After I crossed the finish line, it was somewhat anti-climatic.  I didn't know anyone in the chute and I didn't have anyone there to cheer me in.  And then I saw Billy, Alice's dad, who had convinced a group of fans next to him to cheer me in to the finish line while he took a sweet video of my final strides.  After I gave him a quick hug of thanks, I scanned the chute to find any women I may know.  When I didn't, I grabbed my bag and fished out my phone with frozen hands and called my coach.  Terry was the first person I wanted to talk to.  Not my husband, not my parents, but my coach.  I couldn't have done this without his guidance (and also probably not without Laurie's help on all my workouts).  We had a quick chat before I met Alex to cool down back to the hotel.  

As I settled into my warm hotel room, I thought about how drastically different this race experience was than the previous two here had been.  In fact, my average time at this race from the past two years had been 1:19:04 (1:17:50 in '12 and 1:20:19 in '13). Both of those years, I never noticed the downhill miles and I only noticed the seemingly uphill miles or the sharp turns. This year it felt like a whole new race course.  I saw downhills that I didn't even know existed before.  I charged up a hill that I previously had thought was a mountain.  It's all about attitude, I swear!

I spent the rest of the morning tracking my marathon friends - Michelle, Eric and Alice - before heading down to the 25 mile marker to give them some final cheers of encouragement. This weekend was a great way to spend an intimate weekend with some close friends before making the final move to Durham.  At the very least, I know that I'll always have people to call upon for a quick getaway weekend for a fun race trip.  And for that, I'm grateful!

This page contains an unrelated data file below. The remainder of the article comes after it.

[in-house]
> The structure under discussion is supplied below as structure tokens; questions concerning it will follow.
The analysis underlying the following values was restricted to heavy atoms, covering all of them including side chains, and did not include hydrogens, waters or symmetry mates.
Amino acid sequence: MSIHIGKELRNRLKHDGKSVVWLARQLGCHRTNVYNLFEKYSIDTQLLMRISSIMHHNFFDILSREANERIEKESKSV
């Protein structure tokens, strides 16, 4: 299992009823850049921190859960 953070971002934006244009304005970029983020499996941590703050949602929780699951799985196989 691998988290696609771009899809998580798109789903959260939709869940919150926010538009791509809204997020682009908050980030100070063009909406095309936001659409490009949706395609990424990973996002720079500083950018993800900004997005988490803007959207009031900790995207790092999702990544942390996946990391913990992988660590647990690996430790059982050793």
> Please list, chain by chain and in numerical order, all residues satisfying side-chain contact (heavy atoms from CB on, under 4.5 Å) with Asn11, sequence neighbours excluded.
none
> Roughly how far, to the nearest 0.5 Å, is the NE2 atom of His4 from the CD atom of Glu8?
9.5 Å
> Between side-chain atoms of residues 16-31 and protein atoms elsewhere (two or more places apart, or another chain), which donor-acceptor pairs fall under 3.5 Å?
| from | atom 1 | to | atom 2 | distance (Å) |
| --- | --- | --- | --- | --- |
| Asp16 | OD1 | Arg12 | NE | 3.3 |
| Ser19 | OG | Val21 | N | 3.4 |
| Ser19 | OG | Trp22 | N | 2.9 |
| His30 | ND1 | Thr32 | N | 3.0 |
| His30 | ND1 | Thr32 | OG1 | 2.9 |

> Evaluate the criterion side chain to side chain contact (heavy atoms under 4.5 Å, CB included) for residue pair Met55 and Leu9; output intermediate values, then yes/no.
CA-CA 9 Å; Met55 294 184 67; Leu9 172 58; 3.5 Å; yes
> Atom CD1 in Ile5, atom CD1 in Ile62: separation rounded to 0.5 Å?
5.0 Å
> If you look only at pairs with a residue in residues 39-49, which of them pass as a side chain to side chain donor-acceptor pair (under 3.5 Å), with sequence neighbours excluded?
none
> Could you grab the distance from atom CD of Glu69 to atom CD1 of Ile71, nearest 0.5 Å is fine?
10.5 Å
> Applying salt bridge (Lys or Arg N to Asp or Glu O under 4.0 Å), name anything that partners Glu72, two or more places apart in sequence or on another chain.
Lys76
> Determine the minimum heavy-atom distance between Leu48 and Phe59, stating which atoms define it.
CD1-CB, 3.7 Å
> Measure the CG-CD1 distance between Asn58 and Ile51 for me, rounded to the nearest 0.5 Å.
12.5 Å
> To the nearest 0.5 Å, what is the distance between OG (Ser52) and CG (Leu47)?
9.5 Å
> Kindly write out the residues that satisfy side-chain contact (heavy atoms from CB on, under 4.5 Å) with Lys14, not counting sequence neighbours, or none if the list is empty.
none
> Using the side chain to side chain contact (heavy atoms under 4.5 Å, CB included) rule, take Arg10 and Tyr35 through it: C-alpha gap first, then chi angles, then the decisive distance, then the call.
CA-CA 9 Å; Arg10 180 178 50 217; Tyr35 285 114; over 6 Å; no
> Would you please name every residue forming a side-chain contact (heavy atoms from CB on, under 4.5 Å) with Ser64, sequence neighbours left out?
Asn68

Below are my raw notes that I wrote after the race on my iPad so I wouldn't forget.  For those that may care (but mainly for my own record):
Mile 1 (5:36) - snuck in behind a solid pack of women. 
Mile 2 (5:45) - tried to count how many women were ahead of me and in my pack. By my own estimations, I was in 15th or higher.  I couldn't help but notice the small headwind. It was annoying. Tried to tuck into a girl in front of me. 
Mile 3 (5:36) - another fast mile but coach terry had told me miles 1,3 and 6 were fast
Mile 4 (5:46) - the pack of girls had tucked in behind me or fallen off. A man pulled along side to help me do the work and I asked him what he was aiming for. He said mid -:15. I said me too. He said we are ahead. I reassured him that miles 1 and 3 are fast so it was okay. I never saw him again.